Go to HHH home page.
Smart Politics
 


Unemployment Continues to Rise at Historic Pace Across Upper Midwest

Bookmark and Share

June was not a good month for jobs in the Upper Midwest, with unemployment increasing in Minnesota and three of its four neighboring states - Iowa, South Dakota, and Wisconsin.

While unemployment remains below the national average across the region, the current rate of increase of jobless claims remains on record pace in several states, and the percentage of unemployed has surpassed 25-year highs Minnesota, South Dakota, and Wisconsin.

Iowa and South Dakota endured particularly brutal employment news in June.

Iowa's 0.5-point increase from May (to 6.2 percent) was the third largest on record since January 1976 (with the 0.6-point jump from April to May 2009 being the second largest).

While South Dakota's jobless rate rose only 0.1 points to 5.1 percent, its 12-month rate of increase of 75.9 percent is now the largest on record, according to a Smart Politics analysis of available data since 1976 at the Bureau of Labor Statistics.

The unprecedented rate of increase in unemployment in the Mount Rushmore State is seen by the fact that the top six such 12-month rates of increase have all occurred during the first six months of 2009.

While all states in the region have seen significant increases in jobless claims from a year ago, Wisconsin has been hit particularly hard.

The Badger State's 104.5 percent rate of increase in unemployment since June 2008, from 4.4 to 9.0 percent, is tied for the largest on record (with August 1980). The 12-month change in Wisconsin is nearly triple the rate of increase in North Dakota (35.5 percent), more than double that of Iowa (51.2 percent), 1.79 times that of Minnesota (58.5 percent), and 1.38 times that of South Dakota (75.9 percent).

With the exception of North Dakota, which saw its unemployment rate drop 0.2 points from May to June, the unemployment rate is now at a 26+ year high in Minnesota, 25+ year highs in South Dakota and Wisconsin, and a 22+ year high in Iowa.

Upper Midwestern Unemployment Data and Trends

Data
IA
MN
ND
SD
WI
June rate (%)
6.2
8.4
4.2
5.1
9.0
Highest since
4/87
4/83
5/09
8/83
8/83
Monthly change
+0.5
+0.2
-0.2
+0.1
+0.1
12-month change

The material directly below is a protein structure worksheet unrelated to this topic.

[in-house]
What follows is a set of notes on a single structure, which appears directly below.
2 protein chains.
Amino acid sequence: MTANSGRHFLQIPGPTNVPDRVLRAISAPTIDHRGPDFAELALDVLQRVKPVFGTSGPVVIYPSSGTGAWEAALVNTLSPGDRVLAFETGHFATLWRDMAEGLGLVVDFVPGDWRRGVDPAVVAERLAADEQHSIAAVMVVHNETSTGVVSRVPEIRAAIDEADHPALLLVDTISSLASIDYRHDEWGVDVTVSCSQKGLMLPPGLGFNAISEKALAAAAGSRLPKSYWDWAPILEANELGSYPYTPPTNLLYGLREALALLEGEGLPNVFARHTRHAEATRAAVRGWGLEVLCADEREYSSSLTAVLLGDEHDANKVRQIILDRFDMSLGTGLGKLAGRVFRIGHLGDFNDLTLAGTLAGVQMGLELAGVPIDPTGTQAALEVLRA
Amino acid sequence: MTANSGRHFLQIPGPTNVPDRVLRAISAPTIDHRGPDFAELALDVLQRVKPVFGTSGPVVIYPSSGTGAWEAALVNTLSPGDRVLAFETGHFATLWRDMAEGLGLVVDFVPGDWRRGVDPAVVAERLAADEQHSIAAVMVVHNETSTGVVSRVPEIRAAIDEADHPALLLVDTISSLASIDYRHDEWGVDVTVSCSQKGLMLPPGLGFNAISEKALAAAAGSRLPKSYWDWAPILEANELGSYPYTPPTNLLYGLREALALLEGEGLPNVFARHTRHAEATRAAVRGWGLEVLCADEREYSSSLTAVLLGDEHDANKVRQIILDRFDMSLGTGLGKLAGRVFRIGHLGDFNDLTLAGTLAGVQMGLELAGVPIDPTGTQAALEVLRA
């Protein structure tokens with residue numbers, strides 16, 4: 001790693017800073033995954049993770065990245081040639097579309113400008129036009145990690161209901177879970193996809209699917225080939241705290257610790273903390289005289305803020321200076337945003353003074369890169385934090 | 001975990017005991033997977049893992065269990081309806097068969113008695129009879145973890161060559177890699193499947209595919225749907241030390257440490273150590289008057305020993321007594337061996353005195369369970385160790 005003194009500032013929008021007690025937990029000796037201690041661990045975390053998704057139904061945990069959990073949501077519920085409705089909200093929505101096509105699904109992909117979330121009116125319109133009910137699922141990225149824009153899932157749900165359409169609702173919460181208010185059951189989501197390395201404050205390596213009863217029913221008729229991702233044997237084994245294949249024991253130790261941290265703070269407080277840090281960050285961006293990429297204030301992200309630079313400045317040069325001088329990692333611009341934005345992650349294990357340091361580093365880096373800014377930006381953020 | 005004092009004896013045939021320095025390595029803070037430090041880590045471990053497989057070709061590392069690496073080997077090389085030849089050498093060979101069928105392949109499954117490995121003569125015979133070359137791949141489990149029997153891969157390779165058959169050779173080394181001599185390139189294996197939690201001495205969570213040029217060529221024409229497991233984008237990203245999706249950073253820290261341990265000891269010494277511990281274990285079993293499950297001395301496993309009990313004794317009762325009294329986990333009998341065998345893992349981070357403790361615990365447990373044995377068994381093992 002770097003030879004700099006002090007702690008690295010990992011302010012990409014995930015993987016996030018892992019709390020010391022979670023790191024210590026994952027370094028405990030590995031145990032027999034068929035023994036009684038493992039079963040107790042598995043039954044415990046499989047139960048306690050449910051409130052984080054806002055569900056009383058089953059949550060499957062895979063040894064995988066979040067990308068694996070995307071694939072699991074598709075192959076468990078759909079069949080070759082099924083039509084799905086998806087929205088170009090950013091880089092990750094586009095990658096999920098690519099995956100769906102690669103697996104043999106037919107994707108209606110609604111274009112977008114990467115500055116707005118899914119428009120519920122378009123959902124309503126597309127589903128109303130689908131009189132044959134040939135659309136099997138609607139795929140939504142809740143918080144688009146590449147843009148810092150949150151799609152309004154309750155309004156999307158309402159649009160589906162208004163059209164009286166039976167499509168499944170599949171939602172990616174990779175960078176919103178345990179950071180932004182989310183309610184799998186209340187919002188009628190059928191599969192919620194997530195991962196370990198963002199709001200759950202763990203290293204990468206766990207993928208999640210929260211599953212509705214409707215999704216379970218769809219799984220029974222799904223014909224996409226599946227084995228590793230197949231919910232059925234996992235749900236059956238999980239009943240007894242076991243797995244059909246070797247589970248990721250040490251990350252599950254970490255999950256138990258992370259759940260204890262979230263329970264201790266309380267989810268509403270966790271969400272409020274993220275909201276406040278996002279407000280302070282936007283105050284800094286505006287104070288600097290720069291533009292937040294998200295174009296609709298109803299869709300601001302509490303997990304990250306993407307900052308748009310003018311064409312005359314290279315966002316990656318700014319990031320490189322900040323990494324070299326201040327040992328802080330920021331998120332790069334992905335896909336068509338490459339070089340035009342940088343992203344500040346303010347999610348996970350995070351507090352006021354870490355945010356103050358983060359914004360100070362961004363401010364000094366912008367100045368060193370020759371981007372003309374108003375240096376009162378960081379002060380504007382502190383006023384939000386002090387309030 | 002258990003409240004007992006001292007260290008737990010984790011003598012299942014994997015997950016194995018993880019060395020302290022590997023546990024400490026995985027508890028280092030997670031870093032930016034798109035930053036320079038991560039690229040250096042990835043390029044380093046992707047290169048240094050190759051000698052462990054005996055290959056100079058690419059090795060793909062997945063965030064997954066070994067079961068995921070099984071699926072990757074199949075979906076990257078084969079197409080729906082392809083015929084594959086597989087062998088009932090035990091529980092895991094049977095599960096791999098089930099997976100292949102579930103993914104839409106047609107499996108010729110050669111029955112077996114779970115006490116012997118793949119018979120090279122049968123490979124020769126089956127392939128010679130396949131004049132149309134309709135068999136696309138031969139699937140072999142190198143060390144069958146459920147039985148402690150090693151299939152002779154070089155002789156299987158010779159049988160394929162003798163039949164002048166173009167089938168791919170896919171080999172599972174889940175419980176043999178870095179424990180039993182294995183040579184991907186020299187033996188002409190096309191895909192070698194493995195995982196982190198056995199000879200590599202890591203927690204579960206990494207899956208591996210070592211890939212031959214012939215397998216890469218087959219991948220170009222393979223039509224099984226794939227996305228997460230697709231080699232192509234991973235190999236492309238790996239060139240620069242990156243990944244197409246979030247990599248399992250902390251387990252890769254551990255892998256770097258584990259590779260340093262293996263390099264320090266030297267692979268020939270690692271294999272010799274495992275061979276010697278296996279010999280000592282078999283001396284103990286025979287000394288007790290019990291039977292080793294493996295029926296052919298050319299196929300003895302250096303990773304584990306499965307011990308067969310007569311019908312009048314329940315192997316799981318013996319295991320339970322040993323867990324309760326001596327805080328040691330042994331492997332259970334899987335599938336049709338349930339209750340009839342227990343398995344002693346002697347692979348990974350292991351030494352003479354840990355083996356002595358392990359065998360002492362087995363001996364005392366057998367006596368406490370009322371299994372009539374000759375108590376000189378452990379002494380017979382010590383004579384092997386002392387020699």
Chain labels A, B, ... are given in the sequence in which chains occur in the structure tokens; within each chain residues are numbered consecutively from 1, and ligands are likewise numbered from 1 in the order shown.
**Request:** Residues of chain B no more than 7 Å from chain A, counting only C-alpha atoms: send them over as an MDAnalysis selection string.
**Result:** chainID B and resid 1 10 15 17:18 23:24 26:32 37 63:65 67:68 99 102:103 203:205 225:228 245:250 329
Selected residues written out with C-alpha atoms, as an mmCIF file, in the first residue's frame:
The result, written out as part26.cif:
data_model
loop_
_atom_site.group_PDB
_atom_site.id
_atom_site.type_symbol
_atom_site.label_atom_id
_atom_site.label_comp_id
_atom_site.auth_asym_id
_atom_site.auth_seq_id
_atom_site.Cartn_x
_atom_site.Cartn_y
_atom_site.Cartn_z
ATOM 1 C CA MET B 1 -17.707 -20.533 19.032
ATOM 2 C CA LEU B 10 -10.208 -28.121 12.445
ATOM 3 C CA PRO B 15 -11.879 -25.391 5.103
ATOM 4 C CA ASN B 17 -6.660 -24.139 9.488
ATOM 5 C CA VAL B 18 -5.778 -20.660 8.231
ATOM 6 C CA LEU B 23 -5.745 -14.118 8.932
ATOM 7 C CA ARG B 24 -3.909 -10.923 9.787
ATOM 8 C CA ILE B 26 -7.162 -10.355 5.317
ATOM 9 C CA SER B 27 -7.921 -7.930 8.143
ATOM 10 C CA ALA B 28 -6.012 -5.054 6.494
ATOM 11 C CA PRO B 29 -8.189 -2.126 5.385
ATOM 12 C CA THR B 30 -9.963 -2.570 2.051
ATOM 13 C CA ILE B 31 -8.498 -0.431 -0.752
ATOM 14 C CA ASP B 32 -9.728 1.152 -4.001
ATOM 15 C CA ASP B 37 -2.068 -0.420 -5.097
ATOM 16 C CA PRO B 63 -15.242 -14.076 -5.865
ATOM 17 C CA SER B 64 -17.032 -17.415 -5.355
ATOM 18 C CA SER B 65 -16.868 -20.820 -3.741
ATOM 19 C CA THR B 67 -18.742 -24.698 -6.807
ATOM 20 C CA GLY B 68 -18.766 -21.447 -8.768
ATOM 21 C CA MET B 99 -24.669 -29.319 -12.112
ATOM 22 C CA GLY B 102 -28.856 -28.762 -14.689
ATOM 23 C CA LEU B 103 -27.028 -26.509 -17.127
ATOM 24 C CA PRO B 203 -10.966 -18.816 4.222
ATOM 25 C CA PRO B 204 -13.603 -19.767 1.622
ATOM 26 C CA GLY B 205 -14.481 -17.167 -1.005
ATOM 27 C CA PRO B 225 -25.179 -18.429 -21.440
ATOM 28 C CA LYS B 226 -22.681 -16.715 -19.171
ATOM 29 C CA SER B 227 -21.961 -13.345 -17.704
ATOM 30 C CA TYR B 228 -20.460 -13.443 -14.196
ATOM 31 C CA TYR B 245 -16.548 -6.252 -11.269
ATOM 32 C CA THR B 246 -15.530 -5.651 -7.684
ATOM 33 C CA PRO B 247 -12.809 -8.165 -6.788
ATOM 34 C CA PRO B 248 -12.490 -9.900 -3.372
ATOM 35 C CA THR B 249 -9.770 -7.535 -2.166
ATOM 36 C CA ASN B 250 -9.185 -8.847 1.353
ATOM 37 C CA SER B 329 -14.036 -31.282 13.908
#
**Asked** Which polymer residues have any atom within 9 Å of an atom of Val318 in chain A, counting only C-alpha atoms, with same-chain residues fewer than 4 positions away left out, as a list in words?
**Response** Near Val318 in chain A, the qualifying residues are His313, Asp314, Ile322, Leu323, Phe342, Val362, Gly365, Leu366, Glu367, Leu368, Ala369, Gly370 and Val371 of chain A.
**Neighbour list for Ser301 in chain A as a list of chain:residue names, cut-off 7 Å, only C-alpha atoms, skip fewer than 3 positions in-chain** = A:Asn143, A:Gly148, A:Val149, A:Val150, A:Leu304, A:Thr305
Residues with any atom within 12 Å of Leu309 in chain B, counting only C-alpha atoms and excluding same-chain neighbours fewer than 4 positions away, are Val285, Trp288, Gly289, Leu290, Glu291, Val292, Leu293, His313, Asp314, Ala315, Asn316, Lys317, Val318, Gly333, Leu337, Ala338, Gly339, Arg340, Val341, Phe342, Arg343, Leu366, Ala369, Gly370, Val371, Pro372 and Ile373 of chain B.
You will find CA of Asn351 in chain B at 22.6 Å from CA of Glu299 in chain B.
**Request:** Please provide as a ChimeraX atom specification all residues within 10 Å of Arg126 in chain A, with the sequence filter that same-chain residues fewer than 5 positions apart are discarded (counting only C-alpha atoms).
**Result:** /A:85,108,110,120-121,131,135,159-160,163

+2.1
+3.1
+1.1
+2.2
+4.6
12-month rate of change (%)
+51.2
+58.5
+35.5
+75.9
+104.5
Note: Bureau of Labor Statistics data compiled by Smart Politics.

Follow Smart Politics on Twitter.

Previous post: 26 Days and Counting: Why Norm Coleman Isn't Talking 2010
Next post: Who Gives? An Occupational Profile of Large Donor Contributions to the MN US House Delegation

Leave a comment


Remains of the Data

Which States Own the Best Track Record in Backing Eventual GOP Presidential Nominees?

Nine states (each with primaries) have an unblemished record in voting for the eventual Republican nominee since 1976 - and not all host contests on the back end of the calendar.

Political Crumbs

Evolving?

When Scott Walker "punted" back in February after being asked if he was comfortable with the idea of evolution he added, "That's a question a politician shouldn't be involved in one way or the other." However, it may very well be a question that is asked at one of the upcoming GOP debates this year. In South Carolina during the first GOP debate in 2012, FOX News' Juan Williams asked Tim Pawlenty, "Do you equate the teaching of creationism with the teaching of evolution as the basis for what should be taught for our nation's schools?" Pawlenty replied, "There should be room in the curriculum for study of intelligent design" but that it was up to the local school districts if it should be in a science class or comparative theory class. At the fourth Republican debate held in California, Jon Huntsman addressed the GOP becoming "anti-science" thusly: "Listen, when you make comments that fly in the face of what 98 out of 100 climate scientists have said, when you call into question the science of evolution, all I'm saying is that, in order for the Republican Party to win, we can't run from science. We can't run from mainstream conservative philosophy."


73 Months and Counting

January's preliminary Bureau of Labor Statistics numbers show Minnesota's unemployment rate of 3.7 percent was once again lower than Wisconsin's 5.0 percent. That marks the 73rd consecutive month in which Minnesota has boasted a lower jobless rate than its neighbor to the east dating back to January 2009 including each of the last 67 months by at least one point. The Gopher State has now edged Wisconsin in the employment border battle for 204 of the last 216 months dating back to February 1997. Wisconsin only managed a lower unemployment rate than Minnesota for the 12 months of 2008 during this 18-year span.


more POLITICAL CRUMBS

Humphrey School Sites
CSPG
Humphrey New Media Hub

Issues />

<div id=
Abortion
Afghanistan
Budget and taxes
Campaign finances
Crime and punishment
Economy and jobs
Education
Energy
Environment
Foreign affairs
Gender
Health
Housing
Ideology
Immigration
Iraq
Media
Military
Partisanship
Race and ethnicity
Reapportionment
Redistricting
Religion
Sexuality
Sports
Terrorism
Third parties
Transportation
Voting